In all of those 40-plus years, I have not encountered a circumstance where I see a conflict between the truth that I learn about spiritual things from my faith and the truth that I learn about nature from science. It's just really important if you're trying to answer a question that you figure out what kind of question is this, and which is the approach that's going to give me truth as a result.
Science is great at answering those questions about how things work. Sometimes it's not so great at saying why? Faith can sometimes step into that space. Admittedly, in our country especially, because the voices that people have primarily heard have come from the extremes of this spectrum of science and faith, there is a general assumption, like, oh boy, these folks just can't get along. But I don't think a lot of people feel that way. I wrote a book about that, and people are interested. There's a website, BioLogos. An awful lot of people are actually having this conversation.
Whyte: You helped create that website, didn't you?
Collins: I did, after the book came out and people wanted to keep the conversation going and I ran out of ways to answer emails. So we turned it into a remarkable community that now gets millions of hits every year from people who are really substantively interested in how you could be a serious person of faith and a serious scientist. And yes, you can.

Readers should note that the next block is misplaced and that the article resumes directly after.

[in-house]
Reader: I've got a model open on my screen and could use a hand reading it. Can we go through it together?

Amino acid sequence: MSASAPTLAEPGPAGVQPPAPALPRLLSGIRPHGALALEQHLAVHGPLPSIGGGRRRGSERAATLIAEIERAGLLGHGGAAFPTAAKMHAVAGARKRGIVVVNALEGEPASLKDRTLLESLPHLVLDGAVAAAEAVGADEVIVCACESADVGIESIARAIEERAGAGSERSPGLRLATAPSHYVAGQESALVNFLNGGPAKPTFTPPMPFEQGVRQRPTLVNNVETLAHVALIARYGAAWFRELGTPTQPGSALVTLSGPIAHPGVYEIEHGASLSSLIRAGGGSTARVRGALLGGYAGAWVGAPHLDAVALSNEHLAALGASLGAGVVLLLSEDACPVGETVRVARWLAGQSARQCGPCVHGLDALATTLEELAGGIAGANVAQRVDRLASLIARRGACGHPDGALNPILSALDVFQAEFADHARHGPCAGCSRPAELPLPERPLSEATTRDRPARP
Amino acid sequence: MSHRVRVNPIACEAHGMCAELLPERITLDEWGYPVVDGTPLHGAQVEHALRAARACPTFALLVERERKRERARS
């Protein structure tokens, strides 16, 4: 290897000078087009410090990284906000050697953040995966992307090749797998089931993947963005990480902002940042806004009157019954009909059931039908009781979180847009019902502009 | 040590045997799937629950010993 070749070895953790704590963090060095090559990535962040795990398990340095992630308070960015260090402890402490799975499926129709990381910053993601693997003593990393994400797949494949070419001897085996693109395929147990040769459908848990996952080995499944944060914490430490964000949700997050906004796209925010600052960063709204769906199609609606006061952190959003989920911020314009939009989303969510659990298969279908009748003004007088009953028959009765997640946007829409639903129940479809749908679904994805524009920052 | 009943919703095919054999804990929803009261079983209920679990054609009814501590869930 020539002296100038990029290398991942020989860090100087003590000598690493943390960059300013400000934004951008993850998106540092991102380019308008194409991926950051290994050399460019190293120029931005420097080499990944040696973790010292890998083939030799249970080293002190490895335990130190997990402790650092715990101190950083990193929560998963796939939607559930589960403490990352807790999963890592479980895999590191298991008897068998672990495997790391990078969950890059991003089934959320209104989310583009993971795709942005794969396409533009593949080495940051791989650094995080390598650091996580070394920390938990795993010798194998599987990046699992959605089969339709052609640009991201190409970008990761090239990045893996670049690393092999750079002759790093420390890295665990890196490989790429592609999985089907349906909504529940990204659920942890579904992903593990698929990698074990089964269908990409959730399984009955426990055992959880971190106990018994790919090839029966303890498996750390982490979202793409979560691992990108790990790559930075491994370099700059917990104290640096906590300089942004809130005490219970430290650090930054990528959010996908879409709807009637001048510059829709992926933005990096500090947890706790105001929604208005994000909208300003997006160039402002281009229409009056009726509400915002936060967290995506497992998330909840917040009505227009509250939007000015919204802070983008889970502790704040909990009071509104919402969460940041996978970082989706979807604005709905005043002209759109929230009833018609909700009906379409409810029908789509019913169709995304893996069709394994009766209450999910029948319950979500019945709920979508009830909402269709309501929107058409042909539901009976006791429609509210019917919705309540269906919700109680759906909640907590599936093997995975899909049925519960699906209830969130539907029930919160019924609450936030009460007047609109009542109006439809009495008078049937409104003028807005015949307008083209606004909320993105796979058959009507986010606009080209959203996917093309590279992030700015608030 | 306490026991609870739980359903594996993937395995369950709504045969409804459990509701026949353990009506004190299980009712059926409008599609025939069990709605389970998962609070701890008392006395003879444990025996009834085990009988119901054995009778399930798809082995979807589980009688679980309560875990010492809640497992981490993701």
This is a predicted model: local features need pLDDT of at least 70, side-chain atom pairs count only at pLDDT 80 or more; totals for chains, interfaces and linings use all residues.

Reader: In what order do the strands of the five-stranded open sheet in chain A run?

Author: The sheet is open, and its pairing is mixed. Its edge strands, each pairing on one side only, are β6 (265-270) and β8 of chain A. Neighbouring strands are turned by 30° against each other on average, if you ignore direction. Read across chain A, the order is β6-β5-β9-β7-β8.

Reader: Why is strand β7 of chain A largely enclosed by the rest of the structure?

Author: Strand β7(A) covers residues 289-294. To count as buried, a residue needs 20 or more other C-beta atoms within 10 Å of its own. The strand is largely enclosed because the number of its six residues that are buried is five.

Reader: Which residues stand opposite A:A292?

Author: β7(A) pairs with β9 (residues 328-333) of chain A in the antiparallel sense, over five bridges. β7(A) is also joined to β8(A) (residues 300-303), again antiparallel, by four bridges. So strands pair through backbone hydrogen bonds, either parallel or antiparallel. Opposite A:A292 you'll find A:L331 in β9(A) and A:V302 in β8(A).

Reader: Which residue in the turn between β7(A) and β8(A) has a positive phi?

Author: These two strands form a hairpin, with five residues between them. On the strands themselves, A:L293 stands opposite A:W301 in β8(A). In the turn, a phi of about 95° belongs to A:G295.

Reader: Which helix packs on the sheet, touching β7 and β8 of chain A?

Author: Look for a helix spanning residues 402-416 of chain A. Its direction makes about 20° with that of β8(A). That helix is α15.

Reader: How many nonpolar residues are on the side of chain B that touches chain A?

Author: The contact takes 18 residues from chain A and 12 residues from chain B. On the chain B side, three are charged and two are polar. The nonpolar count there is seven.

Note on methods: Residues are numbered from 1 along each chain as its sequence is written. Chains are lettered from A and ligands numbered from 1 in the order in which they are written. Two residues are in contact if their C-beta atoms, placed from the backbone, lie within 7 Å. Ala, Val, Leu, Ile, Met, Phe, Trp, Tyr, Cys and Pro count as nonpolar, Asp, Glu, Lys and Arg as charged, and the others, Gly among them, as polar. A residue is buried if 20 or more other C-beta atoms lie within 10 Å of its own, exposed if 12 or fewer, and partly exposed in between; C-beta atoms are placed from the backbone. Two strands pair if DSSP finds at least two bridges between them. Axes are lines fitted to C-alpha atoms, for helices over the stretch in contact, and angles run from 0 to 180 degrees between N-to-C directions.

Whyte: Well, this is a whole other discussion, and I know you're pushed on time. You've talked about these voices that we need to listen to, but the voices also have to look like other people; diversity is important. You recently issued an apology earlier this month for what you said is the structural racism that exists in biomedical research. You've been a proponent — we all know this — about how you wouldn't serve on "manels," these panels that are composed of all men, historically older white men.
Collins: Like me.
Whyte: What is the NIH doing to address this structural racism in biomedical research?
Collins: 2020 will always be remembered not just for COVID-19 but also for the way in which, with the killing of George Floyd and a variety of other egregious examples of how racism is still real in our society, we all had to come to grips with that fact, and that after 400 years, we have not solved these issues of inequities, particularly racial inequities that spread across all aspects of our society, including the biomedical research community.